Fri Apr 26, 2013 8:09 pm
King stones are certainly nothing special. But they are an inexpensive (if you shop around carefully) stone that gets the job done. Obviously there are much better alternatives at retail prices. I have seven Kings that serve me well. I really like the 1200 and the harder 6K and 8K stones. Since I'm on a seriously low budget at the moment they were the prudent choice.
Sun Apr 28, 2013 10:45 am
I'll always have a soft spot for Kings, only because the brand was responsible back in the day for turning my attention from jigs, ceramics and oil stones to Japanese water stones, and I've never looked back. That having been said, I also said goodbye to my Kings (although I keep a 1K beater around) once I learned there were quality alternatives. Ultimately, we all know you can sharpen a blade on a multitude of different mediums, including Kings. However once a person develops a passion for a certain skill set, like sharpening or playing the guitar, etc., it's not difficult to gravitate to higher end gear.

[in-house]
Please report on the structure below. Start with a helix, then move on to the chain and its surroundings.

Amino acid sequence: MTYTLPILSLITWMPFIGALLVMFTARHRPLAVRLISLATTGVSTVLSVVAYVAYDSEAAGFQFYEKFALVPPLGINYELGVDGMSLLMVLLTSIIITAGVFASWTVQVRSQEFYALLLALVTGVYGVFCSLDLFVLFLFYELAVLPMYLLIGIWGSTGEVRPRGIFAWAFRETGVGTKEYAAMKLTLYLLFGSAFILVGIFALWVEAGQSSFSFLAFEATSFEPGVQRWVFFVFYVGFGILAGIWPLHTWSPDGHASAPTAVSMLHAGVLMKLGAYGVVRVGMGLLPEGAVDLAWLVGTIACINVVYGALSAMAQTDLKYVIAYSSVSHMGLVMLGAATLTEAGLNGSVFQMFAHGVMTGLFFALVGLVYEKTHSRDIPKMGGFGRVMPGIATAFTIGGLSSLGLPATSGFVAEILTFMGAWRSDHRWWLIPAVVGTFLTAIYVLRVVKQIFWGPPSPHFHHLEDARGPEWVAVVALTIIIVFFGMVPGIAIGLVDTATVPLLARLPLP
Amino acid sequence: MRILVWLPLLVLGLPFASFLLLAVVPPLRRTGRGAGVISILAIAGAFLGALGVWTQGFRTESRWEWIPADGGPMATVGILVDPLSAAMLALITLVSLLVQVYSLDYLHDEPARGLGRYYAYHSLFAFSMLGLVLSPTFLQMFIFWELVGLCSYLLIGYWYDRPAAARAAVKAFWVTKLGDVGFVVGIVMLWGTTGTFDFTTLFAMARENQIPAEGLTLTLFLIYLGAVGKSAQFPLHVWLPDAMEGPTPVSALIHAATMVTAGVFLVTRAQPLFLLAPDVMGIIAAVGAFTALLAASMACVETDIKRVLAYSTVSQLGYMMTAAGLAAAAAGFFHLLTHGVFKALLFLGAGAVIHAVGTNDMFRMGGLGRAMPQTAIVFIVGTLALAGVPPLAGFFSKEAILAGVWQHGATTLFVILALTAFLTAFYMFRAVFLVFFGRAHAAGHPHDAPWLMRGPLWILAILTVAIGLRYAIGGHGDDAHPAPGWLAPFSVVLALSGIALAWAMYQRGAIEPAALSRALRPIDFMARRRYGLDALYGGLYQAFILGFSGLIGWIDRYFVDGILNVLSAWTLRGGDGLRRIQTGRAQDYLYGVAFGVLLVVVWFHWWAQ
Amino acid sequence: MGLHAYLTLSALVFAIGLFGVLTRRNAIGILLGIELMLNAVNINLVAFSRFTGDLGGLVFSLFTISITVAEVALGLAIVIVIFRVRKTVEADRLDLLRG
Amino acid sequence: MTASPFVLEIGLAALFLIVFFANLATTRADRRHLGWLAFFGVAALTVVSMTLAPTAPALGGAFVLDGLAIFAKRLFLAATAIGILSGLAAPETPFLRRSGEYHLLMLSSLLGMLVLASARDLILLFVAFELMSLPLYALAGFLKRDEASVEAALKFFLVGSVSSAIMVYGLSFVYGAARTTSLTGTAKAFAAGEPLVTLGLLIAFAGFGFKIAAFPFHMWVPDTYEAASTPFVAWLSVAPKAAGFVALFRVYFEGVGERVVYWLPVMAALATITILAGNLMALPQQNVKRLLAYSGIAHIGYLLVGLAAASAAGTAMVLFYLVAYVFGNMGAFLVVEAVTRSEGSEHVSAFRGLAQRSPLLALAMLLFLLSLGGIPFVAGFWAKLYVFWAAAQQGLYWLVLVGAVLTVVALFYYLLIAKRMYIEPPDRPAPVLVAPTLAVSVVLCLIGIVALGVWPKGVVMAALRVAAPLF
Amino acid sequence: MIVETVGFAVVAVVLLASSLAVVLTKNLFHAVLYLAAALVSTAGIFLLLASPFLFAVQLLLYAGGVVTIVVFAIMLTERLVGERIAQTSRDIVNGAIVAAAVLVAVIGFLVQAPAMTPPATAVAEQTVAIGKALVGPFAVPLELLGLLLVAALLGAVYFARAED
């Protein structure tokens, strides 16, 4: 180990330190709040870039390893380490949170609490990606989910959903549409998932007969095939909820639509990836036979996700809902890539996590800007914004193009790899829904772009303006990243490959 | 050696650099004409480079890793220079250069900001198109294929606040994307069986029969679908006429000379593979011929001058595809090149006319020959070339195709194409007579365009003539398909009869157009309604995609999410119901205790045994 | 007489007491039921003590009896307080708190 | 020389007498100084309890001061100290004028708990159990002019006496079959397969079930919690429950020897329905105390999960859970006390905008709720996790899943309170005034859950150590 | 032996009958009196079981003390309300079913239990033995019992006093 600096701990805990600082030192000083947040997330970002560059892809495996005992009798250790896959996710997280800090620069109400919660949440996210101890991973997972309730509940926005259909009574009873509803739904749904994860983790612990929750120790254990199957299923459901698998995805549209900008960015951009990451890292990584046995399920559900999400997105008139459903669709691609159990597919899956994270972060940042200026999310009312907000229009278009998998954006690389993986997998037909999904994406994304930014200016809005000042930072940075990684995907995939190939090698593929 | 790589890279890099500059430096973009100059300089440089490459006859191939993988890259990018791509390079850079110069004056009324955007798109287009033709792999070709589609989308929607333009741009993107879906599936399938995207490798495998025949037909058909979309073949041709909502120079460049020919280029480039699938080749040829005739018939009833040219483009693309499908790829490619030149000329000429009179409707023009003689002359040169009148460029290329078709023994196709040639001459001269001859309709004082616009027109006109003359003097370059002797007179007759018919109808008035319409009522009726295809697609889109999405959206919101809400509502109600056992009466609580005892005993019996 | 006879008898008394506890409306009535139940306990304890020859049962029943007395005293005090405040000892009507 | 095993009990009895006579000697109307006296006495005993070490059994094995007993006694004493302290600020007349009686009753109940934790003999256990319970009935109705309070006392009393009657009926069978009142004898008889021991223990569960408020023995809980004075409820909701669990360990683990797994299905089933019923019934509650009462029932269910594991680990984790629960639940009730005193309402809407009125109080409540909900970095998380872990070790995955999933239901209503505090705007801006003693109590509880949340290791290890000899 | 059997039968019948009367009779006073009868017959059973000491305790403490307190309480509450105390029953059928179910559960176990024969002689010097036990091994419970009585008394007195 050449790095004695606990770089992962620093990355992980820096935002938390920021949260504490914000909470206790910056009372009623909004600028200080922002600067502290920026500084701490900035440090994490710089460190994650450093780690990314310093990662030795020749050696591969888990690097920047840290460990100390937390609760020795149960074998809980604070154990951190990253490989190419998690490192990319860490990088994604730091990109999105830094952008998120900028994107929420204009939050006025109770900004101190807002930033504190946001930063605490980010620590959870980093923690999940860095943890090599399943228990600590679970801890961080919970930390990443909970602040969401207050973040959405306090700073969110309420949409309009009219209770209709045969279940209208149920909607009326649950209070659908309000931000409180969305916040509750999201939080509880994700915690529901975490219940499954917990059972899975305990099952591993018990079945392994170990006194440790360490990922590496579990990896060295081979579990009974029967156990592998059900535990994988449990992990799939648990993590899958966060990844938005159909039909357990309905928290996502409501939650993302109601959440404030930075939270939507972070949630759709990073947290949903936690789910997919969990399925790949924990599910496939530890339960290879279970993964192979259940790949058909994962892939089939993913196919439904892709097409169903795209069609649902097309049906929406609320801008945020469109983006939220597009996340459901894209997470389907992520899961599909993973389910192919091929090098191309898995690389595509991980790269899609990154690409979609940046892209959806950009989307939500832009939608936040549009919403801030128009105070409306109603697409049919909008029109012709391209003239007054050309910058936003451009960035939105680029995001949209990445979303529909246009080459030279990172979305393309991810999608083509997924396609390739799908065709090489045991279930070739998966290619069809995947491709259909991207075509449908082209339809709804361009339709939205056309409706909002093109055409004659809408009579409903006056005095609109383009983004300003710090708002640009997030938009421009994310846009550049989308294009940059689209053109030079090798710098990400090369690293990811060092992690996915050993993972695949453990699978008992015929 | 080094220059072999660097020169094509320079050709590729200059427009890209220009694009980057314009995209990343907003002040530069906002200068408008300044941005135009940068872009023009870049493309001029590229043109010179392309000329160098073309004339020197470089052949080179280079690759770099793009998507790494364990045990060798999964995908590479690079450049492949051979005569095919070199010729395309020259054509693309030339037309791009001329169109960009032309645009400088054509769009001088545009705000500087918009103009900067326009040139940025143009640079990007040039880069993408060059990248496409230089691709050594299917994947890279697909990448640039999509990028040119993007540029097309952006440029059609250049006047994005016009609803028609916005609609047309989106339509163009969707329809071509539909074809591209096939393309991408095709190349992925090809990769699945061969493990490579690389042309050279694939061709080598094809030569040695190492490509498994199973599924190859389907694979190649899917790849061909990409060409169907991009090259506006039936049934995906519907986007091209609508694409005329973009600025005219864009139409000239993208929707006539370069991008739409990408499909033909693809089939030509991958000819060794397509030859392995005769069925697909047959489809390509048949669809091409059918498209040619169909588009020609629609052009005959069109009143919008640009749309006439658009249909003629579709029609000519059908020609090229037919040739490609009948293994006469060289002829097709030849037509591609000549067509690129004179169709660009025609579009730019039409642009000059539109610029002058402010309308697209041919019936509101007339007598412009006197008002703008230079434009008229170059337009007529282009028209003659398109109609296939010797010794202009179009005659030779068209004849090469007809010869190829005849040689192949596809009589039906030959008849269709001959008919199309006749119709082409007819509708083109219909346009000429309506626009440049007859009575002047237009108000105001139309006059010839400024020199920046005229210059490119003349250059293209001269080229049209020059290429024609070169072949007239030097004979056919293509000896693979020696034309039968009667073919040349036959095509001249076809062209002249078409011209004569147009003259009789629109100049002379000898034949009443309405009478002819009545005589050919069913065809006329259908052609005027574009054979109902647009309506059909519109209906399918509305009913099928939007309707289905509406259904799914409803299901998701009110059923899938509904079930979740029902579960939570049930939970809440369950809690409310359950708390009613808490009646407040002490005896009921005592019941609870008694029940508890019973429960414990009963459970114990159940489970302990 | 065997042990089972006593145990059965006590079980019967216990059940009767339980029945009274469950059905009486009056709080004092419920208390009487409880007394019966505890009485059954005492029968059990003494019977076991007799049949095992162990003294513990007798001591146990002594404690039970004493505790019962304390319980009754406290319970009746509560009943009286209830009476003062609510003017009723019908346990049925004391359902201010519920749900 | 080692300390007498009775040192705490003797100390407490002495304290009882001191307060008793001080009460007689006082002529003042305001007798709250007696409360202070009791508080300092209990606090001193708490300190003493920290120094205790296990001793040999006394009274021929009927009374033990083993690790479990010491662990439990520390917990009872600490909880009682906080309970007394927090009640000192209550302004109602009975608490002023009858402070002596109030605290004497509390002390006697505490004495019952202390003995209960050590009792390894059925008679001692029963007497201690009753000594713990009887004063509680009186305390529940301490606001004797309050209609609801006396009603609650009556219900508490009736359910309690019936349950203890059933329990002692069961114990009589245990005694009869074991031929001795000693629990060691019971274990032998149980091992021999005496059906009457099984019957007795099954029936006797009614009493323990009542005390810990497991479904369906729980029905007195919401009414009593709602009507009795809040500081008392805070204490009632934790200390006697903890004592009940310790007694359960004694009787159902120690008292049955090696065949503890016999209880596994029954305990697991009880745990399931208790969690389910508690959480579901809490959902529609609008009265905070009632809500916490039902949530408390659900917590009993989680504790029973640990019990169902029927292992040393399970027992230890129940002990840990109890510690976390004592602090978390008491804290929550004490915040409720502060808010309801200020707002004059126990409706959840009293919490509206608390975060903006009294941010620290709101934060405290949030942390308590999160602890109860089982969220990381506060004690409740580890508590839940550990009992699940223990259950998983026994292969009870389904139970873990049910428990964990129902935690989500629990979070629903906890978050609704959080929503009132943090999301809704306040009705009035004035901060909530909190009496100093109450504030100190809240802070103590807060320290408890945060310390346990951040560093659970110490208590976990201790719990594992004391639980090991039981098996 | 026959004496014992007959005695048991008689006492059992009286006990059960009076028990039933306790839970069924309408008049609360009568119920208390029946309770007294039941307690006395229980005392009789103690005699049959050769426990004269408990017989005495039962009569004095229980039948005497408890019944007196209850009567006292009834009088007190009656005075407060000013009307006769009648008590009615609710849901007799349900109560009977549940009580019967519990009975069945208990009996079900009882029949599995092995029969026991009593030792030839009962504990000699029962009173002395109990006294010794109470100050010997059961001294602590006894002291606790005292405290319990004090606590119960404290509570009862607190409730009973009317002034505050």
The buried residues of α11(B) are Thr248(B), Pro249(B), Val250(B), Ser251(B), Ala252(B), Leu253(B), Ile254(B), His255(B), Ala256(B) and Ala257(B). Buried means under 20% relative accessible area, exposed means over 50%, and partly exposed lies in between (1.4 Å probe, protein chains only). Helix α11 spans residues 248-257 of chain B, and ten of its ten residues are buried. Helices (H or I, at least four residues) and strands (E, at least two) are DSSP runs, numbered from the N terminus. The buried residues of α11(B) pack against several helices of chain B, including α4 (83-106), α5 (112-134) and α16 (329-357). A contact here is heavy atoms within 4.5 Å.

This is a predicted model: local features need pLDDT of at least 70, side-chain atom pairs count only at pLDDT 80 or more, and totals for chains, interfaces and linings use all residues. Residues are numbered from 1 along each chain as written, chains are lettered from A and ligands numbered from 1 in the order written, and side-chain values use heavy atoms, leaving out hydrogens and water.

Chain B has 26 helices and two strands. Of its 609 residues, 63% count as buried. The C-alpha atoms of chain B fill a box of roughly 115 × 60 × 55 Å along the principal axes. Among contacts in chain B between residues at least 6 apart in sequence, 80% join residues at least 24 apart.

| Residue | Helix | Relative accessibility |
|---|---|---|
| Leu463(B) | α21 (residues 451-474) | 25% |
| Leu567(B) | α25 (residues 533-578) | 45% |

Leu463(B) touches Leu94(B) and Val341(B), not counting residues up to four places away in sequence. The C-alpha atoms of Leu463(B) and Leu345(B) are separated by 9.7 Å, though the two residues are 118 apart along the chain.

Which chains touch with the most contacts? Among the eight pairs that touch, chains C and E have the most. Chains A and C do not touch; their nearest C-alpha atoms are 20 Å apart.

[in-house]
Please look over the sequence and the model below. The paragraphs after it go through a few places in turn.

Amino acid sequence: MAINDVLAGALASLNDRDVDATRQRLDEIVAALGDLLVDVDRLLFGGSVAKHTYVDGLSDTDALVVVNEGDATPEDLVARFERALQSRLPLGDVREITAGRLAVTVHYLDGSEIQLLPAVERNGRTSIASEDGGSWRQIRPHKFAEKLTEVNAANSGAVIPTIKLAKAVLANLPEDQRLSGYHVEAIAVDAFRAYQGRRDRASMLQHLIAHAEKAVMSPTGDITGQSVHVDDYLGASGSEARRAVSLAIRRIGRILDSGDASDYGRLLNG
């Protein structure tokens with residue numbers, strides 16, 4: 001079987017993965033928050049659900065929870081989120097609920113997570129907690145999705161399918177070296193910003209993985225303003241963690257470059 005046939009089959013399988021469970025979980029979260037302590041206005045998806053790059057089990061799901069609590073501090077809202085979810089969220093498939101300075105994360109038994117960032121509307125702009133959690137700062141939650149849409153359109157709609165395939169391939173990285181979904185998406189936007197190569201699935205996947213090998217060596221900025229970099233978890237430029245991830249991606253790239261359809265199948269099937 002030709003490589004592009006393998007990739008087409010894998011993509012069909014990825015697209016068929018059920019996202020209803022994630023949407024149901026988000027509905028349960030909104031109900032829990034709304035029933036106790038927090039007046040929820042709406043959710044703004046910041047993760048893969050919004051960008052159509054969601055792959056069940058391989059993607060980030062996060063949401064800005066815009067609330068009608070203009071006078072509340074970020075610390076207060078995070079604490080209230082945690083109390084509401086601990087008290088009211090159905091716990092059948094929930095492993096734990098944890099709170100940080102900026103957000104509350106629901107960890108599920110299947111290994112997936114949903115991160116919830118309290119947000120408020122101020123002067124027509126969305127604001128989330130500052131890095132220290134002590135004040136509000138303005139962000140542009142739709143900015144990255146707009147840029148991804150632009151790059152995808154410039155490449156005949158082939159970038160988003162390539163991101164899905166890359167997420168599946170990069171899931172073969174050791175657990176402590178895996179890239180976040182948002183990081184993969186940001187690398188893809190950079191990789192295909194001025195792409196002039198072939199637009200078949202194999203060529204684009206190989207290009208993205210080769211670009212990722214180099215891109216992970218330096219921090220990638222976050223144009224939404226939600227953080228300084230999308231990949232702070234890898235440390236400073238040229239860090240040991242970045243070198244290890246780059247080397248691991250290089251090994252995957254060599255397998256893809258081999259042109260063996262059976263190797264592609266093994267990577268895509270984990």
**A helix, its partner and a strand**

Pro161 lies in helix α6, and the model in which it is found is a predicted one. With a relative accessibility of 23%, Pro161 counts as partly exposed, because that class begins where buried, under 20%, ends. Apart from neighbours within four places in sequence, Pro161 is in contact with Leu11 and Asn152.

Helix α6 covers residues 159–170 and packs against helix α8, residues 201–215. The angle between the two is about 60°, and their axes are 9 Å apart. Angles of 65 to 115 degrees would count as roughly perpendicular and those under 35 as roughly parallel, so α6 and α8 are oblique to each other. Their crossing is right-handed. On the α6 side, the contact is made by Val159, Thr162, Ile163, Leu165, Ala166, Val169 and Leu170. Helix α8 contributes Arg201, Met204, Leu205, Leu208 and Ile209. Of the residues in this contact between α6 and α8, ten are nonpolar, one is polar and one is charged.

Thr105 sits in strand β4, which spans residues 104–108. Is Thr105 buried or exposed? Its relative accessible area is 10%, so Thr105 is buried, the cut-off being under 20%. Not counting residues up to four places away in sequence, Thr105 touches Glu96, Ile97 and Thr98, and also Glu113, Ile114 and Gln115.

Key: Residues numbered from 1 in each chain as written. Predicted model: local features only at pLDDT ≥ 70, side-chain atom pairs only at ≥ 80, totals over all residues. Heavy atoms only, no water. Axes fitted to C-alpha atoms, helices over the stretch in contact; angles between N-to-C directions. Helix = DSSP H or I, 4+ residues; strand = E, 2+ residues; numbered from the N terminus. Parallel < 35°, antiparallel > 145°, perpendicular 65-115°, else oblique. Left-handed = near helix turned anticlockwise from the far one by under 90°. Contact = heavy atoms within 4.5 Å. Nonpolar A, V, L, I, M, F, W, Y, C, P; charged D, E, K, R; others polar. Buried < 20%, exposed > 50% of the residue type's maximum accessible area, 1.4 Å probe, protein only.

Yes I'm a fan of Murray Carter's product so my view might be a little biased, but I find it doubtful at best that Carter would submit a blade with a wire edge, especially considering that he teaches on this subject regularly. He quite simply has better edge geometry and grain structure in his steel than the majority of western cutlery. Why does Murray favor King? Because he sells them, not because they're superior.
By the way, if you've watched his latest sharpening video you'll discover that he has revised his thinking on the subject of stone flattening. FYI
Sun Apr 28, 2013 12:46 pm
It sounds like King stones are placed at the "economy stone table" along with Arkansas stones, the Sharpmaker, Ben Dale's Silica carbide (to flatten the stones), and Bark River compounds. This is fine, but the brand name "King" suggests to me Rolls Royce or Mercedes quality, which it is not.